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Genealogical Standards

Standards For Sound Genealogical Research
Recommended by the National Genealogical Society

Remembering always that they are engaged in a quest for truth, family history researchers consistently—

  • record the source for each item of information they collect.
  • test every hypothesis or theory against credible evidence, and reject those that are not supported by the evidence.
  • seek original records, or reproduced images of them when there is reasonable assurance they have not been altered, as the basis for their research conclusions.
  • use compilations, communications and published works, whether paper or electronic, primarily for their value as guides to locating the original records.
  • state something as a fact only when it is supported by convincing evidence, and identify the evidence when communicating the fact to others.
  • limit with words like "probable" or "possible" any statement that is based on less than convincing evidence, and state the reasons for concluding that it is probable or possible.
  • avoid misleading other researchers by either intentionally or carelessly distributing or publishing inaccurate information.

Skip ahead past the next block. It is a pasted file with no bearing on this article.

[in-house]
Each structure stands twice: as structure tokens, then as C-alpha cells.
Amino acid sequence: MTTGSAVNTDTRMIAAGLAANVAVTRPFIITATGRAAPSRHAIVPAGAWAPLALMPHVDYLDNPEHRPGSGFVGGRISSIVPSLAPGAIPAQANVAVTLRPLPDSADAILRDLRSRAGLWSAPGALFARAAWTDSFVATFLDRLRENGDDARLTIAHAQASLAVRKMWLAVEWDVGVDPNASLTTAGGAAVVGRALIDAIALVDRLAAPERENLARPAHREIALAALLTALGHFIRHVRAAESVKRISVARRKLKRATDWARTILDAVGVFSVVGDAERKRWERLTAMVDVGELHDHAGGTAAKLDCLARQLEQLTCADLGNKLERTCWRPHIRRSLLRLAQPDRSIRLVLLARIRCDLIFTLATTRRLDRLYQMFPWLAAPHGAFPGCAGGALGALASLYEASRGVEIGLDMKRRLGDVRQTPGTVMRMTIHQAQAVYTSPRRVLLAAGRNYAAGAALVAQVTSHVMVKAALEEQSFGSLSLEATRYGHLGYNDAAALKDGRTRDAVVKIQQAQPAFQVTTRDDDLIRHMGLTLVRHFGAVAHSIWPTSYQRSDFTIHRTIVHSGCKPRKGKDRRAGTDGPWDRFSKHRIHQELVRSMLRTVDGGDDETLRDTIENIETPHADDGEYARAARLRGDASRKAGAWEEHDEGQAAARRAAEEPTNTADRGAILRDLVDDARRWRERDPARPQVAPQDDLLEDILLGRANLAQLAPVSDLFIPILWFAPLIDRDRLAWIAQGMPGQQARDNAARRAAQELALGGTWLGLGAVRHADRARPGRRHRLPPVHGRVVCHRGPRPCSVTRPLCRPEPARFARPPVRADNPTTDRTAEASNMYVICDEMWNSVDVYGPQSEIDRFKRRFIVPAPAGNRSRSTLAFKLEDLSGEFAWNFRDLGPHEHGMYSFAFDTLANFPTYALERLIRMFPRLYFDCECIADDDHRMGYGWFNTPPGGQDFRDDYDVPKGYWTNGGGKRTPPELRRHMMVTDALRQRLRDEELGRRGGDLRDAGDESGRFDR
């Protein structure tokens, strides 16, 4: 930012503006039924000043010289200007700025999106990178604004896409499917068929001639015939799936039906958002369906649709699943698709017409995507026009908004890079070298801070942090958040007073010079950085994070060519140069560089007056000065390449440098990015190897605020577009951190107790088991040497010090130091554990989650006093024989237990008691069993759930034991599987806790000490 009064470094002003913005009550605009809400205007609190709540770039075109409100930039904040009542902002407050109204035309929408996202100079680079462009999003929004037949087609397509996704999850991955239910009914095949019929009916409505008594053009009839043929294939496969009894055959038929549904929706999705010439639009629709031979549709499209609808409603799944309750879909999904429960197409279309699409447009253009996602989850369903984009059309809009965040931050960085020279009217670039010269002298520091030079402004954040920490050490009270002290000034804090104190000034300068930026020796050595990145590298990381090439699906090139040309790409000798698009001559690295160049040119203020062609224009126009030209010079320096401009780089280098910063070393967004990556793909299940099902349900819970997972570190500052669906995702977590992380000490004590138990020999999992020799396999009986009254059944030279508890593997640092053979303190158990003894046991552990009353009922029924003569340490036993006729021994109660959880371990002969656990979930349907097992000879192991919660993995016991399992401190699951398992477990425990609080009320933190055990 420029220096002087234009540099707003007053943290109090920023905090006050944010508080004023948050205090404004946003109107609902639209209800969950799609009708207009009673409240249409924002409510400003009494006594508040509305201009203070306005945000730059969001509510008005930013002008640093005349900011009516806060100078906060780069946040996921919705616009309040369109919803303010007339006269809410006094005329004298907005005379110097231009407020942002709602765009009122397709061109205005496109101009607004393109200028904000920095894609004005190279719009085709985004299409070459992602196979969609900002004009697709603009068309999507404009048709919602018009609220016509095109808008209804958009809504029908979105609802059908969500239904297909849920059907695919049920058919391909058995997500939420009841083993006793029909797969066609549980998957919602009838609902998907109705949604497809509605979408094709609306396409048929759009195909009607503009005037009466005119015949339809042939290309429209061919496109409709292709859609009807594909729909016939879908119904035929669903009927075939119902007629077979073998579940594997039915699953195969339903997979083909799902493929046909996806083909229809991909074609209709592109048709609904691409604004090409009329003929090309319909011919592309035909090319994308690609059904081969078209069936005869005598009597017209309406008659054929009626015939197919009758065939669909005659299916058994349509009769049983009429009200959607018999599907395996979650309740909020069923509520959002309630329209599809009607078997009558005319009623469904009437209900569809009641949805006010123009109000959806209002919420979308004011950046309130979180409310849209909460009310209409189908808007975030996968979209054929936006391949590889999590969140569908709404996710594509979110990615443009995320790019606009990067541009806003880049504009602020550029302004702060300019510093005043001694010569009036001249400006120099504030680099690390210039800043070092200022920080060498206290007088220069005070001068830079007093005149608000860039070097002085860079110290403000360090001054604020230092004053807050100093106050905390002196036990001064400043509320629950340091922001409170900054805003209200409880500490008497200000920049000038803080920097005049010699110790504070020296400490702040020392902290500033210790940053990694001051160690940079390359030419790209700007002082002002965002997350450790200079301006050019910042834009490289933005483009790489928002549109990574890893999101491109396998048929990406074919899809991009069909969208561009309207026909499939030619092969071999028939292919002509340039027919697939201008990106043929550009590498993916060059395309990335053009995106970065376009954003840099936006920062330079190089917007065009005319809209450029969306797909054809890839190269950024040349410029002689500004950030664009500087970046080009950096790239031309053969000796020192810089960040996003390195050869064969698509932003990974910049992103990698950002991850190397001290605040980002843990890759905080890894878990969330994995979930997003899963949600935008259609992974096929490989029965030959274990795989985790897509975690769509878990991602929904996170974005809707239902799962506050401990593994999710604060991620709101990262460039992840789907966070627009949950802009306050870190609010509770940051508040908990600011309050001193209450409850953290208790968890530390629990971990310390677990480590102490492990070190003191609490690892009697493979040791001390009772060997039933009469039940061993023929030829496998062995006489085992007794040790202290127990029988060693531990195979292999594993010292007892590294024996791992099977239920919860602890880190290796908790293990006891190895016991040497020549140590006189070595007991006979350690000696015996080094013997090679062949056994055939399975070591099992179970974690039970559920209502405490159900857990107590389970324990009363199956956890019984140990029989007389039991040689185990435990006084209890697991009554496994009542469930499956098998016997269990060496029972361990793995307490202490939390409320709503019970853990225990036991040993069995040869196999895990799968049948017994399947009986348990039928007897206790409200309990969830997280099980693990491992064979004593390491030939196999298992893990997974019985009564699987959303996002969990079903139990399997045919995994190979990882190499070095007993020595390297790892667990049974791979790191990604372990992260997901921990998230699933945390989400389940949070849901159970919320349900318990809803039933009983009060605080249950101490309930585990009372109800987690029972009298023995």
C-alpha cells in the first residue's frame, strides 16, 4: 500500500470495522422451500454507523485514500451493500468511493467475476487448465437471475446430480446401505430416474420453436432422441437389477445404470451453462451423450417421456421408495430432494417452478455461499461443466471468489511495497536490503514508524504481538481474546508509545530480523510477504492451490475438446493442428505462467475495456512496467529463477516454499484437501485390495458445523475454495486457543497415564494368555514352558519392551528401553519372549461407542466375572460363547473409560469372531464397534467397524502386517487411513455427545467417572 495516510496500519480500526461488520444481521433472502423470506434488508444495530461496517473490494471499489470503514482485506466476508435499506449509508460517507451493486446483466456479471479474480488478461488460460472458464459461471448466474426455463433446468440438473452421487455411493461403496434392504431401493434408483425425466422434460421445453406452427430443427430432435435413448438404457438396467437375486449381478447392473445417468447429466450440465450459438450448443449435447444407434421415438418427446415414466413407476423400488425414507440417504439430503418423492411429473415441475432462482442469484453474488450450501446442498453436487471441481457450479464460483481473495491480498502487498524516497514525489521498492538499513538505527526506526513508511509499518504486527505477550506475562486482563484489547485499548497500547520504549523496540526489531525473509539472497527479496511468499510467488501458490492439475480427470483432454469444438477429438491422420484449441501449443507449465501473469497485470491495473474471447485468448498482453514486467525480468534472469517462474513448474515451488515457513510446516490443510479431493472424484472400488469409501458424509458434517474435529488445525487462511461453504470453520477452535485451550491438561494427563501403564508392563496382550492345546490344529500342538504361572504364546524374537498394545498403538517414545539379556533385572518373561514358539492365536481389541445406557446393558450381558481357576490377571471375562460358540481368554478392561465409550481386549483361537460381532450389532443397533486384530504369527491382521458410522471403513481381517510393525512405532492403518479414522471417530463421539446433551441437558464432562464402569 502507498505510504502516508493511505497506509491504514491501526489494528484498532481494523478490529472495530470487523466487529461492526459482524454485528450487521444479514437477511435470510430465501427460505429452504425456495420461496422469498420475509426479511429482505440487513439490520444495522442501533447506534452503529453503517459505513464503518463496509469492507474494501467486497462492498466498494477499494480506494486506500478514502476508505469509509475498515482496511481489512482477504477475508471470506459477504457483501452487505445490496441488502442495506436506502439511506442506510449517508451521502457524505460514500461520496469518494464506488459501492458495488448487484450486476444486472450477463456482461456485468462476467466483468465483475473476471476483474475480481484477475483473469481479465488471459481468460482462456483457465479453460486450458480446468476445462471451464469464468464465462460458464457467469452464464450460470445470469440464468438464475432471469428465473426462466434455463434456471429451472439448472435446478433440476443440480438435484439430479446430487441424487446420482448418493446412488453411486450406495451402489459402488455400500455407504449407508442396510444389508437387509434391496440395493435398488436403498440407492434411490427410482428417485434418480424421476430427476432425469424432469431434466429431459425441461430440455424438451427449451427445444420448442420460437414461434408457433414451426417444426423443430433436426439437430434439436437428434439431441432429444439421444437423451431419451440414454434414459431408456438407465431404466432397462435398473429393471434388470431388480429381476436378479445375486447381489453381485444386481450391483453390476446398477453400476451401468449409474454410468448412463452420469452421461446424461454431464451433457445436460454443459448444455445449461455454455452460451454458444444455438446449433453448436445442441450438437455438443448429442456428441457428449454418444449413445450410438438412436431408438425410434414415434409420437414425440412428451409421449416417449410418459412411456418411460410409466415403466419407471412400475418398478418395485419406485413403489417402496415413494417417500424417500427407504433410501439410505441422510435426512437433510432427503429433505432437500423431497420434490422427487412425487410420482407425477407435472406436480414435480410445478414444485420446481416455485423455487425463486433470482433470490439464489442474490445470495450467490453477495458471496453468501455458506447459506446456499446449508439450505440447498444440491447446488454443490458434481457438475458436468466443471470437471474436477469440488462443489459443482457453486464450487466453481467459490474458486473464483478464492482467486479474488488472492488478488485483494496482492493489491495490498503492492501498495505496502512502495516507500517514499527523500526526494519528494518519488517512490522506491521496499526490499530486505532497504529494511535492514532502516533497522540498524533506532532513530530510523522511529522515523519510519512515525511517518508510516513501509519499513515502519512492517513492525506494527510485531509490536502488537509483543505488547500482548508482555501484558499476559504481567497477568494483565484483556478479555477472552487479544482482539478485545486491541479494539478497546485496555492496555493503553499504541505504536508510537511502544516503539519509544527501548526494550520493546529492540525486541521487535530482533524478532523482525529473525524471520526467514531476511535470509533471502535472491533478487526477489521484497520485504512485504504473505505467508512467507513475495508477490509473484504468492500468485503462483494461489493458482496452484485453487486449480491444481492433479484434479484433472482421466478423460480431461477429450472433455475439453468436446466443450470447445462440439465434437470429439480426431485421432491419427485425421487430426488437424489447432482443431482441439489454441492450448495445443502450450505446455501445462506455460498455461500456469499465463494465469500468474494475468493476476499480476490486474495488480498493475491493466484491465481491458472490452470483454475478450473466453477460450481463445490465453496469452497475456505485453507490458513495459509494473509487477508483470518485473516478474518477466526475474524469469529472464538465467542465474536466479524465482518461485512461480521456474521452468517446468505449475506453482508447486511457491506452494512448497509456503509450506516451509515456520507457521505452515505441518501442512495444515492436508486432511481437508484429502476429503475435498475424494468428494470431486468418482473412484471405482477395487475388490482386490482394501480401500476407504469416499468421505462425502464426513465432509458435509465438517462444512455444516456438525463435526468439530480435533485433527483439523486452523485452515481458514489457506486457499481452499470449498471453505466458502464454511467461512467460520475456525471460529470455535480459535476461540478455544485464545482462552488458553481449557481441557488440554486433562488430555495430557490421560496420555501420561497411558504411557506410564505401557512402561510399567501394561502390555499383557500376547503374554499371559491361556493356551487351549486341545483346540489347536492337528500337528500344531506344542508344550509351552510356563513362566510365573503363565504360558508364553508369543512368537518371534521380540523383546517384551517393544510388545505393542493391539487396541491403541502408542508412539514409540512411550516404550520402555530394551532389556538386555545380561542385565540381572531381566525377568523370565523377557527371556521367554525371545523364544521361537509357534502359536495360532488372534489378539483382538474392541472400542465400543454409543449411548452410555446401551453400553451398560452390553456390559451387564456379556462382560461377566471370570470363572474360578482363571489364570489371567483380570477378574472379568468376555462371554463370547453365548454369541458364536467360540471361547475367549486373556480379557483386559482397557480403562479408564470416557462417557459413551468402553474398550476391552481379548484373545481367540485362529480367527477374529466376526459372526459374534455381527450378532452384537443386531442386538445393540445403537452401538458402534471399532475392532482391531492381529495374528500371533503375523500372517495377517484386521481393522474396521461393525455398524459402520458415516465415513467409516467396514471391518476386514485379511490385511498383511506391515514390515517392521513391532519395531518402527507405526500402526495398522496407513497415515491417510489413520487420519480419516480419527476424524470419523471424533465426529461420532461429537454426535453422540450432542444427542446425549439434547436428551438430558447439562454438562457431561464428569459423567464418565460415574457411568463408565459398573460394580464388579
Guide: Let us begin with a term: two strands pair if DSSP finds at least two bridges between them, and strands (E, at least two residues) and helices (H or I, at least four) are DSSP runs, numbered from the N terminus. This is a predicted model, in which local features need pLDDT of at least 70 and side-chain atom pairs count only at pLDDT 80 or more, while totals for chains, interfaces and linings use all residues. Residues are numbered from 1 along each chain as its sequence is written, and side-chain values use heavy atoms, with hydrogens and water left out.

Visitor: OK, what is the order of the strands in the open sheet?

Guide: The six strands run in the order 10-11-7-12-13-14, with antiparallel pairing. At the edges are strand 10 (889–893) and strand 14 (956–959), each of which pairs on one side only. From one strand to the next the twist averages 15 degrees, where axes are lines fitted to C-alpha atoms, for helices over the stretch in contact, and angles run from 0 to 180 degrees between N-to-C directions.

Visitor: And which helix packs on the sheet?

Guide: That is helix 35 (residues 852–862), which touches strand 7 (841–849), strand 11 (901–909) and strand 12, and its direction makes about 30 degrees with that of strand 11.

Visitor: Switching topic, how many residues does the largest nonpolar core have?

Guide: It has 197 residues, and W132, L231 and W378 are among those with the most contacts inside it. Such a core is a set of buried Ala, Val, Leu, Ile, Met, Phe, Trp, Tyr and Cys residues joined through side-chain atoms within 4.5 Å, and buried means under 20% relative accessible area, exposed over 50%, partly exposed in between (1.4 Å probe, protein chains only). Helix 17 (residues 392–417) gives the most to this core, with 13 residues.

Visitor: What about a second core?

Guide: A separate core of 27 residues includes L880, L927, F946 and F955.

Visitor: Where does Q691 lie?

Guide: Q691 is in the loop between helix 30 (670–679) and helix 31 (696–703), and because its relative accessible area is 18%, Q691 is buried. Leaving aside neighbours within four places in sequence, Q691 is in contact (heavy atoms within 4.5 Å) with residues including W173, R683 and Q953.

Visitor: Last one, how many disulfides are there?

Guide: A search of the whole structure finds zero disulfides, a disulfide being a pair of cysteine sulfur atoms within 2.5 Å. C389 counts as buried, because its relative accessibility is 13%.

• state carefully and honestly the results of their own research, and acknowledge all use of other researchers’ work.
  • recognize the collegial nature of genealogical research by making their work available to others through publication, or by placing copies in appropriate libraries or repositories, and by welcoming critical comment.
  • consider with open minds new evidence or the comments of others on their work and the conclusions they have reached.

©1997 by National Genealogical Society. Permission is granted to copy or publish this material provided it is reproduced in its entirety, including this notice.

Standards For Use Of Technology In Genealogical Research
Recommended by the National Genealogical Society

Mindful that computers are tools, genealogists take full responsibility for their work, and therefore they—

  • learn the capabilities and limits of their equipment and software, and use them only when they are the most appropriate tools for a purpose.
  • refuse to let computer software automatically embellish their work.
  • treat compiled information from on-line sources or digital data bases like that from other published sources, useful primarily as a guide to locating original records, but not as evidence for a conclusion or assertion.
  • accept digital images or enhancements of an original record as a satisfactory substitute for the original only when there is reasonable assurance that the image accurately reproduces the unaltered original.
  • cite sources for data obtained on-line or from digital media with the same care that is appropriate for sources on paper and other traditional media, and enter data into a digital database only when its source can remain associated with it.
  • always cite the sources for information or data posted on-line or sent to others, naming the author of a digital file as its immediate source, while crediting original sources cited within the file.
  • preserve the integrity of their own data bases by evaluating the reliability of downloaded data before incorporating it into their own files.